In these days I repeated many times SALAMAT. We should be always grateful for the people we encounter, especially for the support they have extended, since ultimately, they are instruments of God’s care for us. So, SALAMAT SADIOS!!!
…Fu il 15 dicembre del 2000, poco dopo le 23.00 che salpammo alIa volta di Dipolog! Io gia’ dormivo beato…ma poche ore prima pensavo a tutti quei missionari che, per raggiungere i loro luoghi di missione, dovevano affrontare mesi in mare aperto. Noi abbiamo impiegato 2 giorni e nel viaggio abbiamo avuto l’occasione di vedere (anche se da lontano) molte isole Visayas con le bellissime insenature e vegetazione.
E’ stata un’ esperienza bellissima! Il 17 siamo arrivati a Dipolog e padre Rolando ci ha accolti portandoci in una parrocchia di Roxas (paese vicino Dipolog). Li’ siamo stati assegnati in diverse famiglie e io sono capitato nella famiglia del presidente del consiglio pastorale. E’ stato bello perche’ mi ha parlato un po’ dell’ organizzazione della Parrocchia e delle BEC. La sera stessa del 17 alcune giovani hanno avuto il loro momento di preghiera proprio nella casa dov’ero: e’ stata la prima volta che ho partecipato a questo tipo d’incontri. Il 18 abbiamo poi avuto il meeting con lo staff della missione redentorista e ognuno di noi, singolarmente, e stato assegnato a un villaggio. Io sono andato a Sindutan, tra le montagne, in un posto splendido. La prima notte sono stato presso una delle famiglie piu’ povere. Abbiamo cenato a lume di candela (non c’era l’elettricita’) riso, bulad e qualche verdurina. Poi ci siamo fermati un po’ a suonare la chitarra e verso le 8.30pm (come era solito per tutte le famiglie in cui sono stato) siamo andati a dormire. La sveglia, fino a Natale, e’ stata alle 4.00am per partecipare alIa “Misa de Gallo”. Ovviamente il sacerdote non c’era e cosi’ il lay minister conduceva la preghiera. Anche li’ quanti pensieri…
Mi risuonavano nel cuore tanti versi della Scrittura e ho sperimentato quello che forse anche i primi Apostoli e missionari del Signore hanno provato: la gioia dell’accoglienza, il vedere che anche tra le difficolta’ e senza sacerdote la comunita’ continua con perseveranza nella preghiera e nel condividere il Pane… La gioia di sentire presente il Signore.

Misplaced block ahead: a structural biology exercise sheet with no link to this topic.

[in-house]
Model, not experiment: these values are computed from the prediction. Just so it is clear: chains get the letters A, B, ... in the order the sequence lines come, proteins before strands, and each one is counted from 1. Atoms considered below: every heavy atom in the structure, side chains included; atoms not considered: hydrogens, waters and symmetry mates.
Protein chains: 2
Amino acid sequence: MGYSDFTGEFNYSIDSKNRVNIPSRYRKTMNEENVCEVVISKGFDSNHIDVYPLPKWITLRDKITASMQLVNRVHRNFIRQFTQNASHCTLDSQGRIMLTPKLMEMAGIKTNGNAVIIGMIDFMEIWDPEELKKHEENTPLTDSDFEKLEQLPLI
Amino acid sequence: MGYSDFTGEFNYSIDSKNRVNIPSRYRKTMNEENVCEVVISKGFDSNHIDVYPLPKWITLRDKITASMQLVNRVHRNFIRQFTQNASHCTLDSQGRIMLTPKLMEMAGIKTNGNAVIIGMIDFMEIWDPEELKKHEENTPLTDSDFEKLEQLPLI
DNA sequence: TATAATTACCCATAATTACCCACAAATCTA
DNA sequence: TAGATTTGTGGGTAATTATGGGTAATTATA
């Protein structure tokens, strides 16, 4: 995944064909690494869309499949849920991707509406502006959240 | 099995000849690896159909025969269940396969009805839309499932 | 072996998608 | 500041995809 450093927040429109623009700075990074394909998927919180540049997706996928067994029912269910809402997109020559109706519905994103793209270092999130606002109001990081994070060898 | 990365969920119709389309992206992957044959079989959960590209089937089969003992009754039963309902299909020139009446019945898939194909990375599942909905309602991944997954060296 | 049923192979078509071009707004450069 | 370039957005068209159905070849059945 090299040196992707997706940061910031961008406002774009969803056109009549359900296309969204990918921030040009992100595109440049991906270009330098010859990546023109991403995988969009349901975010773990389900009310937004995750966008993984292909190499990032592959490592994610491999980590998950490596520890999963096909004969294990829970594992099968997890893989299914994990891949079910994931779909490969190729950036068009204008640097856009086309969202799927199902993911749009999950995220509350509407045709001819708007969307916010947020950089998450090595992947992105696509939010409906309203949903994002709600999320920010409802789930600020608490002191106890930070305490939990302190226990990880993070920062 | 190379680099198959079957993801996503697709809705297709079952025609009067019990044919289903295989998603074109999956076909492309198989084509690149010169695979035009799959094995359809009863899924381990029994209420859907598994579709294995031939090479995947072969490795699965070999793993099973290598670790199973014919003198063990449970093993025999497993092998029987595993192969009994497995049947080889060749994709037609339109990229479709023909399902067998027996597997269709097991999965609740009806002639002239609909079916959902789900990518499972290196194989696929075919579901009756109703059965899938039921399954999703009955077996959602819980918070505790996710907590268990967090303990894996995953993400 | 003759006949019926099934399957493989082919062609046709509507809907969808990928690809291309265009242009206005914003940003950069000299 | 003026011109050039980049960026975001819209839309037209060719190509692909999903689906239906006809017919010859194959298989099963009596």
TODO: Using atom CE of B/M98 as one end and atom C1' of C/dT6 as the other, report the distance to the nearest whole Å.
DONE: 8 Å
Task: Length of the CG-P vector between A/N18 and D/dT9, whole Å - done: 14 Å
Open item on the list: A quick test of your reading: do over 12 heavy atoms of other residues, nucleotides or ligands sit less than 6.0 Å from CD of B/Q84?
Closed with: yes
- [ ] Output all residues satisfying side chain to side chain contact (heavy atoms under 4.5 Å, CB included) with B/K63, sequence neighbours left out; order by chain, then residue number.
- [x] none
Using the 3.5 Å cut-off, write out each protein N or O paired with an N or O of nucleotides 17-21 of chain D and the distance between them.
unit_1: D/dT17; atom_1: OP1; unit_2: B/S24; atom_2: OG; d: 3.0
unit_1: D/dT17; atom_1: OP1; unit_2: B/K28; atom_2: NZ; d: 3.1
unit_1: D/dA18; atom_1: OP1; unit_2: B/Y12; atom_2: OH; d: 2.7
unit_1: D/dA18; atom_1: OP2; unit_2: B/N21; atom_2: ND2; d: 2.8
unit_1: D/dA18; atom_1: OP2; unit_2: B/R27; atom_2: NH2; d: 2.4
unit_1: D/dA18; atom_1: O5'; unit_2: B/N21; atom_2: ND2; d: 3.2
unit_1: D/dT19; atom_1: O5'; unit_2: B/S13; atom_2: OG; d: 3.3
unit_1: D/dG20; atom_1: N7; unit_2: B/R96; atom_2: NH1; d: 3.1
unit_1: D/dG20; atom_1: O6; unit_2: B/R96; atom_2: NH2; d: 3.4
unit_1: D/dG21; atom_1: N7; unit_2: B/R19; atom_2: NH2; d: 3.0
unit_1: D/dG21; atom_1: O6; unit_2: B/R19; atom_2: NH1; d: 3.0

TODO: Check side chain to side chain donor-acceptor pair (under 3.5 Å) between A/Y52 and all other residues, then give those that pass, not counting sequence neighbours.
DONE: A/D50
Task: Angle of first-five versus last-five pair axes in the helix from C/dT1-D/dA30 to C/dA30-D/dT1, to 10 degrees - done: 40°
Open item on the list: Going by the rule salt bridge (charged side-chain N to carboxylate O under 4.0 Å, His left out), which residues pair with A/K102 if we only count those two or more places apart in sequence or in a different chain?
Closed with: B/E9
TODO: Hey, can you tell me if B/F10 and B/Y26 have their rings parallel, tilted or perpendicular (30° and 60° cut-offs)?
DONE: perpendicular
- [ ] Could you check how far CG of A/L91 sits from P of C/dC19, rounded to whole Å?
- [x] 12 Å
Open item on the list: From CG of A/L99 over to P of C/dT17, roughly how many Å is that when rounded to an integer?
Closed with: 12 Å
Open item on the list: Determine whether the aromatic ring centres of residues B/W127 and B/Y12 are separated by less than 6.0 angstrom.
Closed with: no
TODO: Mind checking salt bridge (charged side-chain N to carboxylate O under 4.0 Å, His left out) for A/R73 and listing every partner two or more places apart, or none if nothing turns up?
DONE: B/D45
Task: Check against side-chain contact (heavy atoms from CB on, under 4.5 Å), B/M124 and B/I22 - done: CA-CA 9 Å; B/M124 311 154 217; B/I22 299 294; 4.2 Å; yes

Nei giorni seguenti mi hanno portato a raccogliere un po’ di mais che poi abbiamo cucinato e mangiato, siamo andati al fiume per fare il bagno sotto una cascata che formava una piscina naturale, e ho avuto l’ occasione di incontrare tante famiglie. Mi hanno trattato davvero come un figlio, molto piu’ dell’ospitalita’ che potremmo definire “ordinaria”…ne sono rimasto davvero colpito!
Alcune cose pero’ all’inizio mi hanno un po’ messo a disagio: ad esempio andare al bagno…senza carta igenica. O farmi la doccia alla fontana con praticamente tutto il villaggio che mi guardava, o dormire per terra suI bamboo duro. O il mangiare pesce secco a colazione con le mani. Ma mi sentivo cosi’ felice!!! Ed e’ stato bello per me notare come anche loro, benche’ molto poveri, sono pero’ assai felici. Forse alle volte la gioia che dimostrano nasconde tante difficolta’ ma credo che la loro allegria fosse autentica.
Il 21 siamo poi ritornati a Roxas a fino al 27 padre Rolando ci ha portato un po’ in giro. Abbiamo visto la realta ‘ della cooperativa, abbiamo incontrato lo staff della SNOF che ci ha parlato dei vari progetti di cui si occupa. Abbiamo visitato un centro per ragazze abusate e abbiamo passato un po’ di tempo anche nelle nostre famiglie.
Il 28 siamo poi andati a Zamboanga e li’ ci sono stati due eventi particolarmente toccanti: il partecipare al rinnovo d’impegno dei membri del Silsilah di p. Sebastiano e il funerale di p. Ben Inocencio, OMI, ucciso a Jolo il giorno dei Santi Innocenti.
Al Silsilah mi ha colpito molto vedere soprattutto un Ustadz musulmano che ha rinnovato il suo impegno nel dialogo nonostante avesse ricevuto minacce di morte.
Quanto al padre OMI…beh…sono rimasto senza parole…vedere per la prima volta un martire…e sentirlo parlare e testimoniare umilmente con la sua sola presenza e con il suo silenzio il Dio della Vita e della Pace. Lui…morto…a causa della violenza!
Beh…ringrazio davvero il Signore per questa bellissima esperienza e affido a Lui tutta la gente incontrata, i missionari e tutti coloro che ognio giomo, con semplicita’, annunciano la Buona Novella.